“I’m the fellow who takes away the punch bowl just when the party is getting good.”
-William McChesney Martin
Economic #history fans will remember McChesney Martin as the Chairman of the Federal Reserve when central planners didn’t decide the fate of every market day (1). Sadly, Richard Nixon and Arthur Burns changed that by Burning The Buck in 1971.
Today, if you want to light up your country’s currency and party hard, you need a Ph.D. in economic storytelling. Devaluation has plenty of stock market pop, but “the trouble is...” according to Ken Rogoff, “a lot of people have not had any punch yet.”
In contrast, the two aforementioned quotes are what Jim Rickards used to introduce Chapter 10 (pg 243 in The Death of Money) – “Crossroads.” And, oh are we at a crossroad for both growth and inflation expectations, globally, this morning.
Back to the Global Macro Grind…
Before I replay what happened last week, here’s what the Japanese just restated (revised lower) about the results of burning their currency – Q3 GDP dropped -1.9% (year-over-year) in 2014. “So”, they definitely need to triple down on that!
I know, that is so Q3. How about China’s November trade data? Imports dropped -7% year-over-year (from +5% in October, which was a bad number to begin with); exports slowed to +5% NOV vs. +12% in OCT. #TrainWreck = Chinese stocks straight up.
In other central planning news, here’s what the world’s Big 3 (currencies) did last week:
- Japanese Yens burned another -2.3% last week and have lost -15.6% of their value in the last 6 months
- Europe crashed the Euro another -1.3% wk-over-wk (-10.1% in the last 6 months)
- US Dollar Index rose another +1.1% on the week (+11.2% in the last 6 months)
With the exception of a counter-TREND move in US jobs data (the 1st pseudo good rate of change report in months), most of the strength in the US Dollar can be attributed to the currency war (i.e. where the BOJ and ECB burn theirs).
To review, why does an un-elected central planner burn the currency?
A) In response to #GrowthSlowing and/or
B) In reaction to #deflation
In Hedgeye-speak (i.e. in Bayesian rate of change terms), when both of these core factors (GROWTH and INFLATION) are slowing, we call that the 4th Quadrant. That’s why our Q4 Macro Theme is called #Quad4 Deflation. That’s where we think the USA is too.
But, but… “it’s different this time” (says the cover of Barron’s, who will be charging 2 & 20 for that investment thesis starting in 2015 due to #deflationary forces in Old Wall media print advertising).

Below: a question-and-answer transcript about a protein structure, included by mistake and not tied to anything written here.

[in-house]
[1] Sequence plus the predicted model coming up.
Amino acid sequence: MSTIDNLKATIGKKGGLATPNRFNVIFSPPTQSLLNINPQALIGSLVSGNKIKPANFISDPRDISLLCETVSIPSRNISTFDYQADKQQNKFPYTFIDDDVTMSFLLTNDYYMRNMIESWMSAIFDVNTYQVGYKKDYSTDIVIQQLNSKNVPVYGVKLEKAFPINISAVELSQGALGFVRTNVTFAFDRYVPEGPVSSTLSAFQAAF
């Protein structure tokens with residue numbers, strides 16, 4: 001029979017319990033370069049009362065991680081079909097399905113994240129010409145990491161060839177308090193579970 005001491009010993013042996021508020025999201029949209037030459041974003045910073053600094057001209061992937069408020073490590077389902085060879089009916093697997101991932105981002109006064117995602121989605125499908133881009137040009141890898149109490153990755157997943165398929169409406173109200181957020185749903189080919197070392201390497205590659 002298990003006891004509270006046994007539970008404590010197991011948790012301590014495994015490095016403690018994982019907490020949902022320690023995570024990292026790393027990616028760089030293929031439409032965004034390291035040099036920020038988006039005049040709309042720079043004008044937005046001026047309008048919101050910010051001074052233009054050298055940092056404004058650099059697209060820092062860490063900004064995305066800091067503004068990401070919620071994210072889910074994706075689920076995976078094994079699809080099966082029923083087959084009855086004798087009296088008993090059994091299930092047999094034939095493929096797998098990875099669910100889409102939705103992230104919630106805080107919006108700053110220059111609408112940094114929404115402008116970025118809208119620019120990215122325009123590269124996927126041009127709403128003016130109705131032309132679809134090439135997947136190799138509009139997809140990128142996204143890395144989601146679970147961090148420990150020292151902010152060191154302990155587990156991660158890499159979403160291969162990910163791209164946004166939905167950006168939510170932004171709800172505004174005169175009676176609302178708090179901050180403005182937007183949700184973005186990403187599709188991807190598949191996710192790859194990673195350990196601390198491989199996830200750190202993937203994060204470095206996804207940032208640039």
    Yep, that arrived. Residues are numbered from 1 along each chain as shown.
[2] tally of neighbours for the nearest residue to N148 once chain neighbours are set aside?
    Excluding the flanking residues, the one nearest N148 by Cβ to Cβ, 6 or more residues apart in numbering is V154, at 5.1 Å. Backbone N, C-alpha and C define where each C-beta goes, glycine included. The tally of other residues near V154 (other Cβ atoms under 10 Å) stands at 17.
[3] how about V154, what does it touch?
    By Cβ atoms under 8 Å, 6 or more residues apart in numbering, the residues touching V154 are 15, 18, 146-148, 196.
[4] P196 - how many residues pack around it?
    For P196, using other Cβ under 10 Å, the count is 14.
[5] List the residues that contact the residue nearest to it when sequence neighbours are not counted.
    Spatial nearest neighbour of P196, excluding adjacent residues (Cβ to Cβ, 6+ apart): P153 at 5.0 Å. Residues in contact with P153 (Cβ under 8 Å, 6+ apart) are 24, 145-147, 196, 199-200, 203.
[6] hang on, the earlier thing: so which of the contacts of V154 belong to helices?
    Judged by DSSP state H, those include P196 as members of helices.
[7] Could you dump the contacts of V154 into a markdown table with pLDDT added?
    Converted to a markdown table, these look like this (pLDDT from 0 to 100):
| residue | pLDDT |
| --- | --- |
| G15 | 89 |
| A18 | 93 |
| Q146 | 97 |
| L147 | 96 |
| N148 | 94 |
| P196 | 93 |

And… at the end of a cycle (66 consecutive months of US economic expansion), the other 2/3 of Americans who have only been punched (negative real wages for the last 5 years) are going to magically get wage growth and a capex cycle…
Simple Global Macro risk manager question: with global #GrowthSlowing and #Quad4 Deflation, how are global capex cycles and wages going to inflate? A: I don’t know.
While the fanfare surrounding Nikkei and “Dow 18,000 Bro” has been fantastic, the following stock markets have not been:
- Emerging Markets (MSCI Equity Index) down -1.8% on the week to -1.6% YTD
- Latin American Equities (MSCI Index) down another -5.1% week-over-week to -10.8% YTD
- Asia ex-Japan (MSCI Index) down -0.9% on the week to +3.7% YTD
- Brazil’s stock market -5.0% on the week to +0.9% YTD
- Canada’s stock market down -1.8% week-over-week (+6.3% YTD)
- Russia’s stock market continued to crash, -6.7% last week to -37% YTD
These stock markets have been undergoing what we call a phase transition in inflation expectations becoming deflationary ones. You can see that in the following real-time read-throughs:
- US 5yr Breakevens dropped another -4 basis pts on the wk to 1.36% (crashing -26%, or -47bps, YTD)
- West Texas Crude Oil down another -0.8% to -28.6% YTD
- CRB Commodities Index deflating another -0.8% last week to -9.9% YTD
Even the strongest commodities in 2014 (Coffee and Cattle) were down -3.9% and -2.6% last week, respectively.
From here, I think the debate really boils down to what’s more important: A) the impact of #deflation on stocks, bonds, and workers who have been compensated (in size) by the last 5 years of inflation expectations, or B) Ph.D. hopes for US wage growth?
Rather than partying hard with the planners, I’ll take B). Yep, call me names – I’m the fellow who doesn’t get paid to navel gaze at the Weimar Nikkei Dow and think that 55x earnings for the Russell 2000 in 2014 wasn’t a #bubble.
Our immediate-term Global Macro Risk Ranges are now:
UST 10yr Yield 2.16-2.34%
WTI Oil 62.21-69.40
Best of luck out there this week,
Keith R. McCullough
Chief Executive Officer